25. On Isaiah 11 “We may here recall briefly the older, Song of Solomon -called spiritual interpretation. Isaiah 11:1-5 were understood of Christ’s prophetic office that He exercised in the days of His flesh, then of the overthrow of the Roman Empire and of Antichrist, who was taken to be the Pope. But the most thorough-going of those old expositors must acknowledge, at Isaiah 11:4, that the Antichrist is not yet enough overthrown, and must be yet more overthrown. If such is the state of the case, then this interpretation is certainly false, for Isaiah 11:4 describes not a gradual judgment, but one accomplished at once. There have been many Antichrists, and among the Popes too, but the genuine Antichrist described 2 Thessalonians2, is yet to be expected, and also the fulfillment of Isaiah 11:4 of our chapter. Thereby is proved at the same time that the peaceful state of things in the brute world and the return of the Jews to their native land are still things of the future, for they must happen in that period when the Antichristian world, and its head shall be judged by Christ. But then, too, the dwelling together of tame and wild beasts is not the entrance of the heathen into the church, to which they were heretofore hostile, and the return of the Jews is not the conversion of a small part of Israel that took place at Pentecost and after. The miracles and signs too, contained in Isaiah 11:15-16 did not take place then. We see just here how one must do violence to the word if he will not take it as it stands. But if we take it as we have done, then the whole chapter belongs to the doctrine of hope (Hoffnungslehre) of the Scripture, and constitutes an important member of it. The Lord procures right and room for His church. He overthrows the world-kingdom, together with Antichrist. He makes of the remnant of Israel a congregation of believers filled with the Spirit, to whom He is near in an unusual way, and from it causes His knowledge to go out into all the world. He creates peace in the restless creatures, and shows us here in advance what more glorious things we may look for in the new earth. He presents to the world a church which, united in itself, unmolested by neighbors, stands under God’s mighty protection. All these facts are parts of a chain of hope that must be valuable and dear to our hearts. The light of this future illumines the obscurity of the present; the comfort of that day makes the heart fresh.” Weber, der Prophet Jesaja, 1875.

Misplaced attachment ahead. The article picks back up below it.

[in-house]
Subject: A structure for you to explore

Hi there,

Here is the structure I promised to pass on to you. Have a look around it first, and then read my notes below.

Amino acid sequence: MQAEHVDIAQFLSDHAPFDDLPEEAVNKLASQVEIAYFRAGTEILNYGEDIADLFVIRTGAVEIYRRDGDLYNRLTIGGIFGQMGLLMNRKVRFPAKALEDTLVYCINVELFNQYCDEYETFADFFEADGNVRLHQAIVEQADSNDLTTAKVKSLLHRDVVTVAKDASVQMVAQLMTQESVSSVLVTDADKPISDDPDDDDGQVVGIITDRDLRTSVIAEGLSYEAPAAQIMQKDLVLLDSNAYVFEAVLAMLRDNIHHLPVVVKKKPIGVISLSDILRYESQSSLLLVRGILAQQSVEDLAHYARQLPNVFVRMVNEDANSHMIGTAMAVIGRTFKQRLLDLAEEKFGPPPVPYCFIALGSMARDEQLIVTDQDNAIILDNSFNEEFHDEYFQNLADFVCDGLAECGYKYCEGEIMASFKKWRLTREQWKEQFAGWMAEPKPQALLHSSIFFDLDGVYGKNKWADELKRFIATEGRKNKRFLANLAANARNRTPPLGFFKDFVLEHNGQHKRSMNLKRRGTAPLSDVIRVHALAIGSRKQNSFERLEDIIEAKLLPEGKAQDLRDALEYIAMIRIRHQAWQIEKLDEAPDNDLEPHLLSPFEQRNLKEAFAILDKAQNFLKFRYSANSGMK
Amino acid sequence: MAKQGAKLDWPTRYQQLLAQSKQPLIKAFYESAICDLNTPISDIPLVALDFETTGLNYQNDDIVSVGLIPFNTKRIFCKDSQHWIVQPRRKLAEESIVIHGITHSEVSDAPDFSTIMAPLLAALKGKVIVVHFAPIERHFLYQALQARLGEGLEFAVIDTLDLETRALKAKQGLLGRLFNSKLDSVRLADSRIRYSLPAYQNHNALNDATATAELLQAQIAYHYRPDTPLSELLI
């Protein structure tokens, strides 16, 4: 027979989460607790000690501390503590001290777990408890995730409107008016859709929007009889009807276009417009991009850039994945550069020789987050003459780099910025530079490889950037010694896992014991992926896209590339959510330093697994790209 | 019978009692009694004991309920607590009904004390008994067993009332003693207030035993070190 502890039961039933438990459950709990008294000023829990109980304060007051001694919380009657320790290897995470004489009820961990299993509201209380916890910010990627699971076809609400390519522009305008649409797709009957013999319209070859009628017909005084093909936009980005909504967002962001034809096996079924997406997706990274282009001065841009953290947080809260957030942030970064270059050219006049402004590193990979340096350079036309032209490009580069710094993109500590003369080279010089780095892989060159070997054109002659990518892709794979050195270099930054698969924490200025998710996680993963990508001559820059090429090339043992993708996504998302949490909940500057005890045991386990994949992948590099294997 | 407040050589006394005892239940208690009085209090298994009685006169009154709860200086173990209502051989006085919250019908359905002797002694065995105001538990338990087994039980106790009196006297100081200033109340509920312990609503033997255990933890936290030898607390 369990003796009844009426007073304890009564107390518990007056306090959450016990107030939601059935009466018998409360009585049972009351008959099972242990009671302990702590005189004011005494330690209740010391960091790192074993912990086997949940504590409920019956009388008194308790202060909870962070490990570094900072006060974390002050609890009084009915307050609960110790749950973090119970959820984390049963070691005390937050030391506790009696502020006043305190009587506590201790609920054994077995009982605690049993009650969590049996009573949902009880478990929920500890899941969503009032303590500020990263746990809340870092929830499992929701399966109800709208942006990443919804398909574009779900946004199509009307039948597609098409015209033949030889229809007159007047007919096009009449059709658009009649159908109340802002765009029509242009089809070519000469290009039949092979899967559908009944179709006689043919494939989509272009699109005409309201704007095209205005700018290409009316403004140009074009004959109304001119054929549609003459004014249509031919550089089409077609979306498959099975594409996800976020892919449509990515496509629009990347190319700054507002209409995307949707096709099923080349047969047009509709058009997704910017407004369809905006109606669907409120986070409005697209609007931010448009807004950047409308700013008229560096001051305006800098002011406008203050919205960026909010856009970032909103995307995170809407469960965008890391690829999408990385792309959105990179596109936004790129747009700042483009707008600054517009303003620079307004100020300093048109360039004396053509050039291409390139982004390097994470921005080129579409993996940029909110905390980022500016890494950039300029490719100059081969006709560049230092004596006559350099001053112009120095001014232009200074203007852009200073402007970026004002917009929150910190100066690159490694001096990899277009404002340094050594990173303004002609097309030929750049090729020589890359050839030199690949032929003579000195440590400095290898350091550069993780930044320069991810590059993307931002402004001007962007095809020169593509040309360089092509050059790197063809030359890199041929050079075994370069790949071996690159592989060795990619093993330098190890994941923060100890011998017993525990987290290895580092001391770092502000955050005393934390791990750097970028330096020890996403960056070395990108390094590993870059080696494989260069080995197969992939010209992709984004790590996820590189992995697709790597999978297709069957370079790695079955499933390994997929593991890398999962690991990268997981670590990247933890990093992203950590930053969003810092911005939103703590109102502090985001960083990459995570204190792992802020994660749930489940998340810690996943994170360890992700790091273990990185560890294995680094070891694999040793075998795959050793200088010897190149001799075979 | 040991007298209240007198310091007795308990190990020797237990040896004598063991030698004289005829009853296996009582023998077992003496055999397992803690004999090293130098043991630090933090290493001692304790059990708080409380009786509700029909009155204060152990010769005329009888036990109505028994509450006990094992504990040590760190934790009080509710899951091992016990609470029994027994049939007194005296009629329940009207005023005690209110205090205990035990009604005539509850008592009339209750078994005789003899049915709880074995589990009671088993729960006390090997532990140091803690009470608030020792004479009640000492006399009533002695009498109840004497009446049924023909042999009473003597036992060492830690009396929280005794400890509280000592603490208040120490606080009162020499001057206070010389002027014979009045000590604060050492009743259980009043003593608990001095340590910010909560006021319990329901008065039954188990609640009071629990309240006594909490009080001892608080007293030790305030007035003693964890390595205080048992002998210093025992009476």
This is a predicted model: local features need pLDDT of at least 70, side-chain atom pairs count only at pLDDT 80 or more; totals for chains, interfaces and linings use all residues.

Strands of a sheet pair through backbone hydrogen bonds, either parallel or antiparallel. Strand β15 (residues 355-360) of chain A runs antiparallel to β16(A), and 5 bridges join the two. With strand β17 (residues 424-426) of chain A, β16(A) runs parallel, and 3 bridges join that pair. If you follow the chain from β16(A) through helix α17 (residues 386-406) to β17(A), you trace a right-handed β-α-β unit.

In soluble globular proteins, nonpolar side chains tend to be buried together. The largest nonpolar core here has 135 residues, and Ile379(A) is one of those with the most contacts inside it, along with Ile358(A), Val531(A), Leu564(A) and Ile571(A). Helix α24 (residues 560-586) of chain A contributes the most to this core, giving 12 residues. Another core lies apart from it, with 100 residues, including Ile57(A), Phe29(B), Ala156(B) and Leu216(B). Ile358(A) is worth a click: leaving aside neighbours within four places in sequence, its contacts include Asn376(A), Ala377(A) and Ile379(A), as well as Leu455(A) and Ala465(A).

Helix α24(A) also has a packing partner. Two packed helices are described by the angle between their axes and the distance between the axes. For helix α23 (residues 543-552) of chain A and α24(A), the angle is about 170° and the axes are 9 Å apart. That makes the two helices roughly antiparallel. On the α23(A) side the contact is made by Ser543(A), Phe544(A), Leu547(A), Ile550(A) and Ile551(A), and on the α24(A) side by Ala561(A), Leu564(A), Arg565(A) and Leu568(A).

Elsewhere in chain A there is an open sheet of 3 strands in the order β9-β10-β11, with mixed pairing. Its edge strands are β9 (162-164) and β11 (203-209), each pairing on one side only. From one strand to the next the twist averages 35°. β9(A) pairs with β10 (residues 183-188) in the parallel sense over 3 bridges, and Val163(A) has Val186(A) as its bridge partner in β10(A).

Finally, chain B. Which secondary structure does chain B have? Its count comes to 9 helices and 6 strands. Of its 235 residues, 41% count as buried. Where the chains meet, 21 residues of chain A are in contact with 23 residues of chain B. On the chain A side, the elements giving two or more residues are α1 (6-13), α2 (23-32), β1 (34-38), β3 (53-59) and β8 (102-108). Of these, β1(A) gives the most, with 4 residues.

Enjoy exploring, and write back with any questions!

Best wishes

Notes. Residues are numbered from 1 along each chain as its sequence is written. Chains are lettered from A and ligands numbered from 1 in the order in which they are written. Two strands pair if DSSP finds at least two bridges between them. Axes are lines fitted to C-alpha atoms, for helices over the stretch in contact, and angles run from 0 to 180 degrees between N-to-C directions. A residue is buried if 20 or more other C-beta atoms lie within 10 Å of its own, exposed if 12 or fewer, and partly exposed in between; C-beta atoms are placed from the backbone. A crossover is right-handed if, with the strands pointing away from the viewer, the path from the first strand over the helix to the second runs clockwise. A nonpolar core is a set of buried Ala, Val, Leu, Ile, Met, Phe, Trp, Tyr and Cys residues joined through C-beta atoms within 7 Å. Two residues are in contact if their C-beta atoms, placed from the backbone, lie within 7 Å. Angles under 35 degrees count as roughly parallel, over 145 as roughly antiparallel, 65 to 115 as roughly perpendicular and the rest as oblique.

Chap12–26. On Isaiah 12:4 sq. “These will not be the works of the New Testament: sacrificing and slaying, and make pilgrimage to Jerusalem and to the Holy Sepulchre, but praising God and giving thanks, preaching and hearing, believing with the heart and confessing with the mouth. For to praise our God is good; such praise is pleasant and lovely” ( Psalm 147:1). Cramer.